Minister asks universities and colleges to stop recruiting international students
He Minister Dijkgraaf’s request to the boards of colleges and universities appears to be an emergency measure. He actually wants to reduce the number of international students with tougher measures, but the ministry can only introduce these measures in February. If educational institutions now cooperate voluntarily, Dijkgraaf promises to leave more room “for the implementation of its own policy” in two months.
The fact that Dijkgraaf is already calling for a “total stop to active recruitment” shows how much the pressure on higher education has increased. Last school year, 115,000 international students were enrolled in higher education. It was 3.5 times more than fifteen years ago. The minister fears that this growth will continue for the time being, leading to an increase in “teacher work pressure and housing problems”.
The minister makes an exception for studies and programs that could use additional international students. Institutions are allowed to continue with “very limited and targeted recruitment” for health care, science and teacher training, for example. The same goes for educational institutions in shrinking regions.
Dutch as language of instruction
That the growing influx of international students is causing problems has been recognized for some time, both by national and local politicians and by the government. by universities and colleges. But no solution has yet been found. For example, European rules on the free movement of people make it difficult to keep foreign students outside the EU.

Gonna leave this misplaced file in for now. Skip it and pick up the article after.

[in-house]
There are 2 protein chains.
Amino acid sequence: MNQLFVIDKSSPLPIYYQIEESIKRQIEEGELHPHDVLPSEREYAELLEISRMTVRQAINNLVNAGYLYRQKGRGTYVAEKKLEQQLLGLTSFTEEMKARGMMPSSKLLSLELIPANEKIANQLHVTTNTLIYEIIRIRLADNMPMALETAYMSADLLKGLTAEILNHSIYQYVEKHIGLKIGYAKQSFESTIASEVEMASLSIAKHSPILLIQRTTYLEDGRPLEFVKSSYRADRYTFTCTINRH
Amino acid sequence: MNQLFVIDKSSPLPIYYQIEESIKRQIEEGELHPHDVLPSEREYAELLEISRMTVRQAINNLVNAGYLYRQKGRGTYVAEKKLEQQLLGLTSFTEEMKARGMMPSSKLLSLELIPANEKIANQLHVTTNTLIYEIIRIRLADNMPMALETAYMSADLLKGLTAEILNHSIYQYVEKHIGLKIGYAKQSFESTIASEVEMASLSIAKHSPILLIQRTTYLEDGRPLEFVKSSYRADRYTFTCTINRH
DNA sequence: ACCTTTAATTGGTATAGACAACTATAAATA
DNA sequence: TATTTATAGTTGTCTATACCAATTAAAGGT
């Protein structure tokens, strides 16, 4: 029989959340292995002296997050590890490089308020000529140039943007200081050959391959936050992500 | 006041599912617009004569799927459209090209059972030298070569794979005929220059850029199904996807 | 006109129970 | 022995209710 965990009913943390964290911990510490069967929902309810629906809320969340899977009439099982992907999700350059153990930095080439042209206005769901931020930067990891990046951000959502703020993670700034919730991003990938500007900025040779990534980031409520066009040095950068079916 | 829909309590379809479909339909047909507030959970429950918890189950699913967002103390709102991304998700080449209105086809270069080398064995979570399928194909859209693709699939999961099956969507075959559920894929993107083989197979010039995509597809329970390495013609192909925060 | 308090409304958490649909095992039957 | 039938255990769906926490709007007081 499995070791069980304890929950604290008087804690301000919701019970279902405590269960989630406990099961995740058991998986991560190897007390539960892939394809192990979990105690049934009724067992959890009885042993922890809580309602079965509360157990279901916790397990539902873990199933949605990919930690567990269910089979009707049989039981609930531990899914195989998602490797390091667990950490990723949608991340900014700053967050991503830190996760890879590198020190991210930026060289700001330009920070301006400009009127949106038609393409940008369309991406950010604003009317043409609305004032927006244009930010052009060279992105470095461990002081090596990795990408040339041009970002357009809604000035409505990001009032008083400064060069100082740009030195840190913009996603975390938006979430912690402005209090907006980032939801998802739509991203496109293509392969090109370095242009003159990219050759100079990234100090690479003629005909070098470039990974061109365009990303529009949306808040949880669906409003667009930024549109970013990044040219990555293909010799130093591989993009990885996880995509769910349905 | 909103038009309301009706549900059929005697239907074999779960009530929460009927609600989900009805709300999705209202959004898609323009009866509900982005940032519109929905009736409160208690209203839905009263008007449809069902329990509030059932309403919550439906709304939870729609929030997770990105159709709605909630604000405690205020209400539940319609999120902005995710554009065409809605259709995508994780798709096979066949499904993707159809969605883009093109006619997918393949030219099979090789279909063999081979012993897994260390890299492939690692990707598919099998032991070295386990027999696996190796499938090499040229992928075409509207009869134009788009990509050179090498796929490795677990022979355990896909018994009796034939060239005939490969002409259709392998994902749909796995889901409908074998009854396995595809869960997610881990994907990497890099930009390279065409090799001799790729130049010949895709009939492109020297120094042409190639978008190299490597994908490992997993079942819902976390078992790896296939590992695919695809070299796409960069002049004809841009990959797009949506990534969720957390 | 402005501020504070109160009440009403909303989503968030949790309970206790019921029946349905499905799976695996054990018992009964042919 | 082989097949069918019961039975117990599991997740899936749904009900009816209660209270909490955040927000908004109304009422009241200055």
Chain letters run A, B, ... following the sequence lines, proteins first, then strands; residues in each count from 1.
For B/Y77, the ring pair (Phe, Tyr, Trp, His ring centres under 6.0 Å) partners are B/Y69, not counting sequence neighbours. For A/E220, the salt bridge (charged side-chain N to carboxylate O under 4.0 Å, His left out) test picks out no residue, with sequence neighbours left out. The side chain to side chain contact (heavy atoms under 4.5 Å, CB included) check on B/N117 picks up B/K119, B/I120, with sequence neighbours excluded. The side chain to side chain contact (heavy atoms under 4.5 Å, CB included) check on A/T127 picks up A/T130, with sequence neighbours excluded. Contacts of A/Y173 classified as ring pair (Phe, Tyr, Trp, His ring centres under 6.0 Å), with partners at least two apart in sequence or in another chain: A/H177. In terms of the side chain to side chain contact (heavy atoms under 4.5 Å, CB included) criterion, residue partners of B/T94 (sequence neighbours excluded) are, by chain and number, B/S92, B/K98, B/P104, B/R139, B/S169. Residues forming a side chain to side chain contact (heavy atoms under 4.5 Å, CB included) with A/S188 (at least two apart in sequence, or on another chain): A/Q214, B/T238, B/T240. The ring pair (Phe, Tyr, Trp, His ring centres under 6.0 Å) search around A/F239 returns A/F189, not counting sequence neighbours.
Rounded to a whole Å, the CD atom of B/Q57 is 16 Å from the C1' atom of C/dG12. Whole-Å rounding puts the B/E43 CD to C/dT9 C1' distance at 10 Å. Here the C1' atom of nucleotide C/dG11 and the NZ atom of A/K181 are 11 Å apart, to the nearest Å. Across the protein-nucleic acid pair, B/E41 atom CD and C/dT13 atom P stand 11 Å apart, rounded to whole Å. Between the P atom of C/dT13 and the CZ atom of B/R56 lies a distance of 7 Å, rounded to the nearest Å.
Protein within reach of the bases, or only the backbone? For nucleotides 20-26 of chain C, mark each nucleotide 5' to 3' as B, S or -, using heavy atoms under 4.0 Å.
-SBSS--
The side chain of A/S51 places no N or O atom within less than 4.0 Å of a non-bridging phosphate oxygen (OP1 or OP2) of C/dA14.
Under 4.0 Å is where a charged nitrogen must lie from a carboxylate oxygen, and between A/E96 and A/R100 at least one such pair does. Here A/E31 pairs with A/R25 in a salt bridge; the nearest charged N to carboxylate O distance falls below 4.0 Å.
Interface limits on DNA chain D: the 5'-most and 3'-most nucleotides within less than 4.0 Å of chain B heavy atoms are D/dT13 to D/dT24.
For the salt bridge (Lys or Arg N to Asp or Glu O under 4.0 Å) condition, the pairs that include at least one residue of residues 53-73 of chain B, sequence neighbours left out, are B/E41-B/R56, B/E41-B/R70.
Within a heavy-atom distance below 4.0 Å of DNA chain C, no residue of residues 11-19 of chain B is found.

One possible issue is the language in which lectures and lessons are given. It is of interest to international students that the language of instruction for many programs is English. The idea is that if lessons are again given in Dutch, the interest of foreign students will automatically decrease.
Another option is to limit the number of students from outside the European Union. This requires a change in the law. Currently, educational institutions are not allowed to discriminate on the basis of nationality. Last summer, they already advised students refrain from studying in the Netherlands: Due to housing shortages, international students without rooms have been forced to sleep in expensive hotels or on other students’ sofas.
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